In a digital ecosystem the customer stands central. This not only requires a transformation from a one-channel organization to a customer-oriented organization, but also demands a large degree of openness towards other partners. Apple does not build all the apps available in its app store. The company opens up its system, so that others can contribute their ideas. This is win-win-win: it benefits Apple, the consumers and the other participating partners. This type of openness is currently developing in a number of different sectors. The automobile sector, previously known as a closed sector, is one such example. The cars of the future will not be made exclusively by the car manufacturers. If you regard a car as a kind of giant smartphone, the number of possibilities for developing applications is considerable. Like Apple, General Motors has opened its network, so that exterior designers can work on new apps for GM cars. The level of openness is far-reaching and includes details about the engine and technological refinements of the vehicle.

Walgreens, an American chain selling health products, is another major company to make its customer data available to its partners. A good example is its link with QuickPrints. This allows customers to print out their smartphone photographs in Walgreens stores. This is yet another instance of win-win-win. Walgreens gets more visitors to its retail outlets. The app designers see their app increase in value. But the biggest winner is the consumer, who benefits from a wider offering and a better service than was previously the case.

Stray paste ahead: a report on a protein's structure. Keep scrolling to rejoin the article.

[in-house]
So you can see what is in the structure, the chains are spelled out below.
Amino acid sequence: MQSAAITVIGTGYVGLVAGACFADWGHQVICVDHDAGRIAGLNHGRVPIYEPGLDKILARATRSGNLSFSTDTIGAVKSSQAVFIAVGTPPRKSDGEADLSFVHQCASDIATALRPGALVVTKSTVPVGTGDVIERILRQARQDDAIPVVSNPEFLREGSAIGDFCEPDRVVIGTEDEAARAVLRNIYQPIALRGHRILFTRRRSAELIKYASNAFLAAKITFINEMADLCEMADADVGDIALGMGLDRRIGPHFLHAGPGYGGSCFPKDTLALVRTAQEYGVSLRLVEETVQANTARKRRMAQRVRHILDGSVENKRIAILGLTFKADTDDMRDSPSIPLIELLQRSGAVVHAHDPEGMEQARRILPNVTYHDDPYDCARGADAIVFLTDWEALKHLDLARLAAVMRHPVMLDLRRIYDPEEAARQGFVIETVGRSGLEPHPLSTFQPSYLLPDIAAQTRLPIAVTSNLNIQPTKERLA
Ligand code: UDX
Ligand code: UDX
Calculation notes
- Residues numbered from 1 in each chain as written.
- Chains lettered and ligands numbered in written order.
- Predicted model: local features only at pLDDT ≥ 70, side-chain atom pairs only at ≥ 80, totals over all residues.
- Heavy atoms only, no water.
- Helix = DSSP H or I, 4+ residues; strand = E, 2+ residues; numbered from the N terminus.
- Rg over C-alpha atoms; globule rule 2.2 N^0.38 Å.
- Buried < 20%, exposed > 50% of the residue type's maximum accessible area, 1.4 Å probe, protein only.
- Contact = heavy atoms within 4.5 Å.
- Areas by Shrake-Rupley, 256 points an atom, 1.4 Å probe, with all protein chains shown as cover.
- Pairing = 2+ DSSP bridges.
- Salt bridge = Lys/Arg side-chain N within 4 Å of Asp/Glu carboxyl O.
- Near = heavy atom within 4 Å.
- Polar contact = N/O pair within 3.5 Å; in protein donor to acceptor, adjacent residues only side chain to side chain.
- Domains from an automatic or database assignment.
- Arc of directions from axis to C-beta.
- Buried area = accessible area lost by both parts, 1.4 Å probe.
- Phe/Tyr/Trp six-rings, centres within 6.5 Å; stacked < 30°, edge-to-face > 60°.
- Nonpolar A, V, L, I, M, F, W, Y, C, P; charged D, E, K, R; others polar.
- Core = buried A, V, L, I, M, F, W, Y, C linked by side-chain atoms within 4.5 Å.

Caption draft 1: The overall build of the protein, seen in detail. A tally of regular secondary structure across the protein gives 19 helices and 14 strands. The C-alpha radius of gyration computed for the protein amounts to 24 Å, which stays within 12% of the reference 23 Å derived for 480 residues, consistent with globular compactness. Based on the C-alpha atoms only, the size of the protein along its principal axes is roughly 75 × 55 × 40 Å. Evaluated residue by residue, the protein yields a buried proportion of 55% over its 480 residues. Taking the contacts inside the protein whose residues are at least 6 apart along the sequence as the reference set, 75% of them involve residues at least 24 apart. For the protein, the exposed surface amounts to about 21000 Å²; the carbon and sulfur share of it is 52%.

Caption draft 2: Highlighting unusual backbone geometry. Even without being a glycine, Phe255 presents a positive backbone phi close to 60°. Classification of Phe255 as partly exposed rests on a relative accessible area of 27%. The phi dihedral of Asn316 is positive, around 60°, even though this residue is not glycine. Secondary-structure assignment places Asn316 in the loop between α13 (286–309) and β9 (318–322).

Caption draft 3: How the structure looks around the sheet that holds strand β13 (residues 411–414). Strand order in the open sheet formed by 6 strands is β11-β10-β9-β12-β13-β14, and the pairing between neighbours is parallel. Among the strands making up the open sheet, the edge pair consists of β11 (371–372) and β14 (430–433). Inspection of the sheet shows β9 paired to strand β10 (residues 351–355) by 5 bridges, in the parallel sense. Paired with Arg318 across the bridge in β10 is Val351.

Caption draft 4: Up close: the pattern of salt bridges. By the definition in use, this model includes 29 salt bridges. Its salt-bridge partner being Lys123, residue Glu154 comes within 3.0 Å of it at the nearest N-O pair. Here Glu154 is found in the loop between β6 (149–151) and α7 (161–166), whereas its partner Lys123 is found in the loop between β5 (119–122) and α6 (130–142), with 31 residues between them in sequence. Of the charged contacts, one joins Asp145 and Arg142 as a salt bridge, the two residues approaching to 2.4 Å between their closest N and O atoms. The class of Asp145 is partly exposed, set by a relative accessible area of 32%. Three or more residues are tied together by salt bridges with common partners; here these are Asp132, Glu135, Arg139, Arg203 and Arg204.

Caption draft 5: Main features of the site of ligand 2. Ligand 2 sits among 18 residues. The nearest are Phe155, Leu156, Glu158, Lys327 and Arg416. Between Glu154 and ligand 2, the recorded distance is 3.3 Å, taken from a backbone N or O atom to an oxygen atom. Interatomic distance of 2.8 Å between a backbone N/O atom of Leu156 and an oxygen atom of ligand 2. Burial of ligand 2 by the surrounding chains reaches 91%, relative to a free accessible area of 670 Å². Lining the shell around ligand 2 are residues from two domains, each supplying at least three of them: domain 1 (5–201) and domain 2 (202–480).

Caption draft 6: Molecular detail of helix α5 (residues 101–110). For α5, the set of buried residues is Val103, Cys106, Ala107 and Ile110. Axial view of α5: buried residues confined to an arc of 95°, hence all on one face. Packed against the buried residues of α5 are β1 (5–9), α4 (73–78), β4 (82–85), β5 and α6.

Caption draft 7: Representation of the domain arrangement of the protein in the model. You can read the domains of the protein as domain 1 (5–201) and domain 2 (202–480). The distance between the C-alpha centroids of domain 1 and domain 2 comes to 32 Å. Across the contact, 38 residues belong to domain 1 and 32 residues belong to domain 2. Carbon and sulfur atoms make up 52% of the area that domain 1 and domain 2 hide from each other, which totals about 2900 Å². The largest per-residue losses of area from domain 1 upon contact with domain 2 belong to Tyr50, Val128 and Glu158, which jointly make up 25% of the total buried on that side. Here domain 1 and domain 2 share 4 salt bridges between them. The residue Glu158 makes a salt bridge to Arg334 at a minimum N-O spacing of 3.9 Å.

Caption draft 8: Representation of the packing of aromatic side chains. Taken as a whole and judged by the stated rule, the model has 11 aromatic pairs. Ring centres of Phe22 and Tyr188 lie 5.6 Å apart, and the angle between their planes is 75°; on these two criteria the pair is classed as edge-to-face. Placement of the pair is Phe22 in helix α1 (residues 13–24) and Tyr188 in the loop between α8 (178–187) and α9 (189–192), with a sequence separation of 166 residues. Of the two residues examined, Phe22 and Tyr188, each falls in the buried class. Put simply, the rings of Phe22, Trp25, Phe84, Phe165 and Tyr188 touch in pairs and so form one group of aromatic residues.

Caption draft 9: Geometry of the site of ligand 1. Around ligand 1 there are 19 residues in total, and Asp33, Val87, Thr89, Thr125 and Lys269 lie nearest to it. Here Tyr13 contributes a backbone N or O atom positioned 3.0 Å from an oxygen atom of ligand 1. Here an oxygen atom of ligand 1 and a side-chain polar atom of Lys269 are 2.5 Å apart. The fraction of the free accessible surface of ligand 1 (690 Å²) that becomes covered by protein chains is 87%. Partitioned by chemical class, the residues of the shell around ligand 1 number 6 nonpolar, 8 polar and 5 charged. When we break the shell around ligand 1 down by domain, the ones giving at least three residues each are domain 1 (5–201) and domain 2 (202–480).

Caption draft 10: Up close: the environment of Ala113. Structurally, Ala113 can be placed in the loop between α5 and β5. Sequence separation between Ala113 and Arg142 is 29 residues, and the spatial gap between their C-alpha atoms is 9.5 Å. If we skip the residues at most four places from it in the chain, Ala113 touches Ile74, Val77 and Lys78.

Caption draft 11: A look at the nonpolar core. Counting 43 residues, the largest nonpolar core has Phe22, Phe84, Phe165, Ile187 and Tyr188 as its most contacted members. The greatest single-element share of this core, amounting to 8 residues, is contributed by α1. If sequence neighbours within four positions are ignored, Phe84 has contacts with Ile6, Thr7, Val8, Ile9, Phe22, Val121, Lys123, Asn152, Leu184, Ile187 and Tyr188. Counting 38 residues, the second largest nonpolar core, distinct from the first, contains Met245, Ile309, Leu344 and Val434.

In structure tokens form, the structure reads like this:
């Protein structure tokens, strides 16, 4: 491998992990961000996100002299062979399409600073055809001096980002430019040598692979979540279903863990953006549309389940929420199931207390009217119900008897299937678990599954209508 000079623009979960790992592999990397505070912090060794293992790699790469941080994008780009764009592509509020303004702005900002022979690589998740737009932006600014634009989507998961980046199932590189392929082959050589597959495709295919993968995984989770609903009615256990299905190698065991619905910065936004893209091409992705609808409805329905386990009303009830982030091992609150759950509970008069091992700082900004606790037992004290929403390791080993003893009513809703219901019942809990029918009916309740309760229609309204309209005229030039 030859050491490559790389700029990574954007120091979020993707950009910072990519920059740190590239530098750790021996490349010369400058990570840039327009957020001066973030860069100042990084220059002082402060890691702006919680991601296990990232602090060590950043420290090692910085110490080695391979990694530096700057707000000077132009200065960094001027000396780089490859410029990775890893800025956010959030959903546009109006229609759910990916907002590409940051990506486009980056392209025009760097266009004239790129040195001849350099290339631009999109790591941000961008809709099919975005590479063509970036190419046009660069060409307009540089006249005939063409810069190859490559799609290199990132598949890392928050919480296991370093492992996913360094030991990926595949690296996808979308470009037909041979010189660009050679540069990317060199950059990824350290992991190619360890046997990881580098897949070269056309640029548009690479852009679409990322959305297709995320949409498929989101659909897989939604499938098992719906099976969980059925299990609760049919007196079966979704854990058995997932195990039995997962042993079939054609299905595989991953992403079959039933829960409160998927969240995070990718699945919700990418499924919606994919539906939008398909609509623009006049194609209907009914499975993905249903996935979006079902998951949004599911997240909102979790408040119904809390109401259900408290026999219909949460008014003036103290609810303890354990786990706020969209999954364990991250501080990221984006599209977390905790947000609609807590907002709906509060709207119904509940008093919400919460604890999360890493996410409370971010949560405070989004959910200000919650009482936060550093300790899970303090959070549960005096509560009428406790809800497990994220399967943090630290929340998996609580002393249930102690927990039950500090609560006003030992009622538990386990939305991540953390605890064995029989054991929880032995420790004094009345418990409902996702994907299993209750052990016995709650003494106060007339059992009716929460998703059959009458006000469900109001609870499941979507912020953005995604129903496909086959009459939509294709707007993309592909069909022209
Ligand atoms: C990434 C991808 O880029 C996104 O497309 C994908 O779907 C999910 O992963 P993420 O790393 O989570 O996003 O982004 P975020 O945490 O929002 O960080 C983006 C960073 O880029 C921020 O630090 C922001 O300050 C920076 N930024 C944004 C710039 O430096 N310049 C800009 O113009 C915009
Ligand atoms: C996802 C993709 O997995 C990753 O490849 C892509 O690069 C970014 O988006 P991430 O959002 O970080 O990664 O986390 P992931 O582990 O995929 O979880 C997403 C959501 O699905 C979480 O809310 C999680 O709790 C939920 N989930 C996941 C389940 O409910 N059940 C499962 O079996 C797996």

Digitalization is central to customer experience

To successfully make the digital transformation, there is a need for a central backbone around which everything can be built. These three foundations can help to shape the most appropriate strategy.

Republished with author's permission from original post.

Steven Van Belleghem
Steven Van Belleghem is inspirator at B-Conversational. He is an inspirator, a coach and gives strategic advice to help companies better understand the world of conversations, social media and digital marketing. In 2010, he published his first book The Conversation Manager, which became a management literature bestseller and was awarded with the Marketing Literature Prize. In 2012, The Conversation Company was published. Steven is also part time Marketing Professor at the Vlerick Management School. He is a former managing partner of the innovative research agency InSites Consulting.